3. A ban on specific exports and imports: Canada placed a ban under the Export and Import Permits Act on the export from Canada to Syria of goods and technologies that are subject to export controls. These items include arms, munitions, and military, nuclear and strategic items that are intended for use by the Syrian armed forces, police or other governmental agencies.
  4. A suspension of all bilateral cooperation agreements and initiatives with Syria.

A news release announcing the May 24, 2011, sanctions can be found at PM announces sanctions on Syria.

On August 13, 2011, Canada expanded sanctions by imposing the asset freeze and travel restrictions on four additional individuals and two additional entities associated with the Syrian regime.

For more information on the August 13 announcement, please visit Statement by Minister Baird on Situation in Syria.

On October 4, 2011, Canada imposed the following additional measures:

  1. An asset freeze and travel restrictions on 27 additional individuals and 12 additional entities associated with the Assad regime.
  2. A prohibition on the importation, purchase or transportation of petroleum or petroleum products from Syria.
  3. A prohibition on new investment in the Syrian oil sector.
  4. A prohibition on the provision or acquisition of financial services for the purpose of facilitating the importation, purchase or transportation of Syrian petroleum or petroleum products.
  5. A prohibition on the provision or acquisition of financial services for the purpose of investing in the Syrian oil sector.

For information on the October 4 announcement, please visit Canada Expands Sanctions Against Syria.

On December 23, 2011, Canada further expanded its sanctions against the Syrian regime. The measures prohibit all imports from Syria, with the exception of food; all new investment in Syria; and the export to Syria of equipment, including software, for the monitoring of telephone and Internet communications. Canada also imposed an asset freeze and prohibited economic dealings with 33 additional individuals and 10 additional entities associated with the Assad regime.

For information on the December 23 announcement, please visit Canada Further Expands Sanctions Against Syria.

On January 25, 2012, Canada expanded its sanctions by adding the names of 22 individuals and seven entities associated with the Assad regime to its list of designated persons.

For information on the January 25 announcement, please visit Canada Further Expands Sanctions Against Syria.

On March 5, 2012, Canada further expanded its sanctions by adding the names of seven individuals—all senior members of the Assad regime—and one entity, the Central Bank of Syria, to the list of those subject to a dealings prohibition and asset freeze. The amendments also introduced a complete ban on the provision or acquisition of financial or other related services to, from, or for the benefit of, or on the direction or order of Syria or any person in Syria.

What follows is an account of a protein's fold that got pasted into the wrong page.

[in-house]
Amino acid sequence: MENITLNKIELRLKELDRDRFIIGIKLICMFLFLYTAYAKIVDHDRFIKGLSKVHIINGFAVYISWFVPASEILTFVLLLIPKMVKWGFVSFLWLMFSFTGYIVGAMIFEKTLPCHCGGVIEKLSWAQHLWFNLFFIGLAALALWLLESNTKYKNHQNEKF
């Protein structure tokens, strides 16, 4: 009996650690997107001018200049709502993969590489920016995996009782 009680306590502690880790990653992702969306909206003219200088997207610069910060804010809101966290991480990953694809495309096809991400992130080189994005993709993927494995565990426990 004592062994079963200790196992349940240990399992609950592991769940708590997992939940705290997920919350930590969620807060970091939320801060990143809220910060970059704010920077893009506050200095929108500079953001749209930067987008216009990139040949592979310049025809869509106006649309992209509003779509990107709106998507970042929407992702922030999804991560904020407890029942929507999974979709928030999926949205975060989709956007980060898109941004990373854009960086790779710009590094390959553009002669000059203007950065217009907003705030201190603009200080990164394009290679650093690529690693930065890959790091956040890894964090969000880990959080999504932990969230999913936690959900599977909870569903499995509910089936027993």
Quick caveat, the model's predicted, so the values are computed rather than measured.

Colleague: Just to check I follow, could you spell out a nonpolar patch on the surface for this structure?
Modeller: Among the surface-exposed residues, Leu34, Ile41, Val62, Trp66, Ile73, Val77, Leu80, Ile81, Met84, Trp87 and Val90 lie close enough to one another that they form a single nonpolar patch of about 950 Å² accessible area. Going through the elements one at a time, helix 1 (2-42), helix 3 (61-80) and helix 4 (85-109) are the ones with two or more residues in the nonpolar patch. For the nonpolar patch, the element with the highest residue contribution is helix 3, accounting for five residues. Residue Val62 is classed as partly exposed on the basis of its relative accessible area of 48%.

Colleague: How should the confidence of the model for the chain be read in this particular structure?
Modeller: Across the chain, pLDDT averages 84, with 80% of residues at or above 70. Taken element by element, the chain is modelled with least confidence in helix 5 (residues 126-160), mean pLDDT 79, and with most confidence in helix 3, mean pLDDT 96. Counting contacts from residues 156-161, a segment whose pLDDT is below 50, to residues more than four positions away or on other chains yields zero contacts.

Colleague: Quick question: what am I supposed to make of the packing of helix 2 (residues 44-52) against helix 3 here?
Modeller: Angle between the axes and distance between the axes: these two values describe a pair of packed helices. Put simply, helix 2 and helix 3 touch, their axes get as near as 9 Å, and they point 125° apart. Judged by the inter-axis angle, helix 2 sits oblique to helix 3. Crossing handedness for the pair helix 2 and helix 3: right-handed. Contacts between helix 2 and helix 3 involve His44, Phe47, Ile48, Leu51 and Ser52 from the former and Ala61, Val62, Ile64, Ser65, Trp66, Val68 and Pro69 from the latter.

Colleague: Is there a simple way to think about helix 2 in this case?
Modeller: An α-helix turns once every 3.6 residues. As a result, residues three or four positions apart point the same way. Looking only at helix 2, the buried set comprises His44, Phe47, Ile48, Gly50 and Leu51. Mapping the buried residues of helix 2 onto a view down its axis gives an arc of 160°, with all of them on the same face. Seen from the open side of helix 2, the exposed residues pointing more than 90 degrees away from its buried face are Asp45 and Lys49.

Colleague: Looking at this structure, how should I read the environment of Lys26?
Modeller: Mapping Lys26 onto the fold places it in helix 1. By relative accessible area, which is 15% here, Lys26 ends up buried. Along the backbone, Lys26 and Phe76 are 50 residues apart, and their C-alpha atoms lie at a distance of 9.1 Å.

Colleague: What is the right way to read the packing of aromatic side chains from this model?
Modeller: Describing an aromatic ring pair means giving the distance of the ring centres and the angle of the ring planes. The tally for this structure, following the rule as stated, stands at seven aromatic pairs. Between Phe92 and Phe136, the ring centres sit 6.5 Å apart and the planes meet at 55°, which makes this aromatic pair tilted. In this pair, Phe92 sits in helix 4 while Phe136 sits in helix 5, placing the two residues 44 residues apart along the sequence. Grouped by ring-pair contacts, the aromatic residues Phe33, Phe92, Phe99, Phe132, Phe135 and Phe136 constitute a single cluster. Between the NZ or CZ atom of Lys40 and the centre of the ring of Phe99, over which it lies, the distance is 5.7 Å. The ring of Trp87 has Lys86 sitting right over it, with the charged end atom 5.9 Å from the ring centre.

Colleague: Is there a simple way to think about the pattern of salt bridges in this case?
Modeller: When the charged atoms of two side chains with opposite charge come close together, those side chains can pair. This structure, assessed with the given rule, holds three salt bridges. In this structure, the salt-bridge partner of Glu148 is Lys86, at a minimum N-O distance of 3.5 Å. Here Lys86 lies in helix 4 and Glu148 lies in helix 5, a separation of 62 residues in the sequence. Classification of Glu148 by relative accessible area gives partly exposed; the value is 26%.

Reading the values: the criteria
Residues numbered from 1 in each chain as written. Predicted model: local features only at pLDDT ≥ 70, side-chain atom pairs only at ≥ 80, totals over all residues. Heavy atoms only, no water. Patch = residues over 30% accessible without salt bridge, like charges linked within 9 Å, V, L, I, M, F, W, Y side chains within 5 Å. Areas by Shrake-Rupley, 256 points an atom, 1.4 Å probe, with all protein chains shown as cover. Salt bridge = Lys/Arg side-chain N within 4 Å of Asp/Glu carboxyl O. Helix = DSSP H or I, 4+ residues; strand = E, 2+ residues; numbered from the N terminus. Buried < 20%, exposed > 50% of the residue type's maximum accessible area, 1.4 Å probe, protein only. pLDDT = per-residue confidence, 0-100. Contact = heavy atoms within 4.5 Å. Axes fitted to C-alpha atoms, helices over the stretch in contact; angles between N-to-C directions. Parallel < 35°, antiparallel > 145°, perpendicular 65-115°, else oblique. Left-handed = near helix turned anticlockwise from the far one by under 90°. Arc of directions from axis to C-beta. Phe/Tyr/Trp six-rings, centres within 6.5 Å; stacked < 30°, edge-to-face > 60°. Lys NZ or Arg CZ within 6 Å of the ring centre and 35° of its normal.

For information on the March 5 announcement, please visit Canada Further Expands Sanctions Against Syria’s Assad Regime.

On March 30, 2012, Canada imposed further sanctions against Syria by imposing an asset freeze and dealings prohibition on 12 additional individuals and two entities associated with the Assad regime.

For information on the March 30 announcement, please visit Canada Expands Sanctions Against Assad Regime.

On May 18, 2012, Canada imposed further sanctions against Syria by prohibiting the export of luxury goods to Syria. Three individuals and three entities were also added to the list of designated persons and thus subjected to an assets freeze and a prohibition on economic dealings. With these new measures, the total number of designations rose to 129 individuals and 44 entities.

For information on the May 18 announcement, please visit Canada Tightens Sanctions Against Assad Regime.

On July 6, 2012, Canada imposed further sanctions against Syria by prohibiting the export of goods and technology that could be used to further repress the people of Syria, including goods that could be used to produce chemical and biological weapons, beyond those already controlled by Canada.  Canada also added the Syria International Islamic Bank and the Syrian National Security Bureau to the list of individuals and entities subject to a prohibition on dealings under existing Canadian sanctions.

For information on the July 6 announcement, please visit Canada Further Tightens Sanctions Against Assad Regime.

The measures announced are consistent with Canada’s foreign-policy priority to promote freedom, democracy, human rights and the rule of law around the world.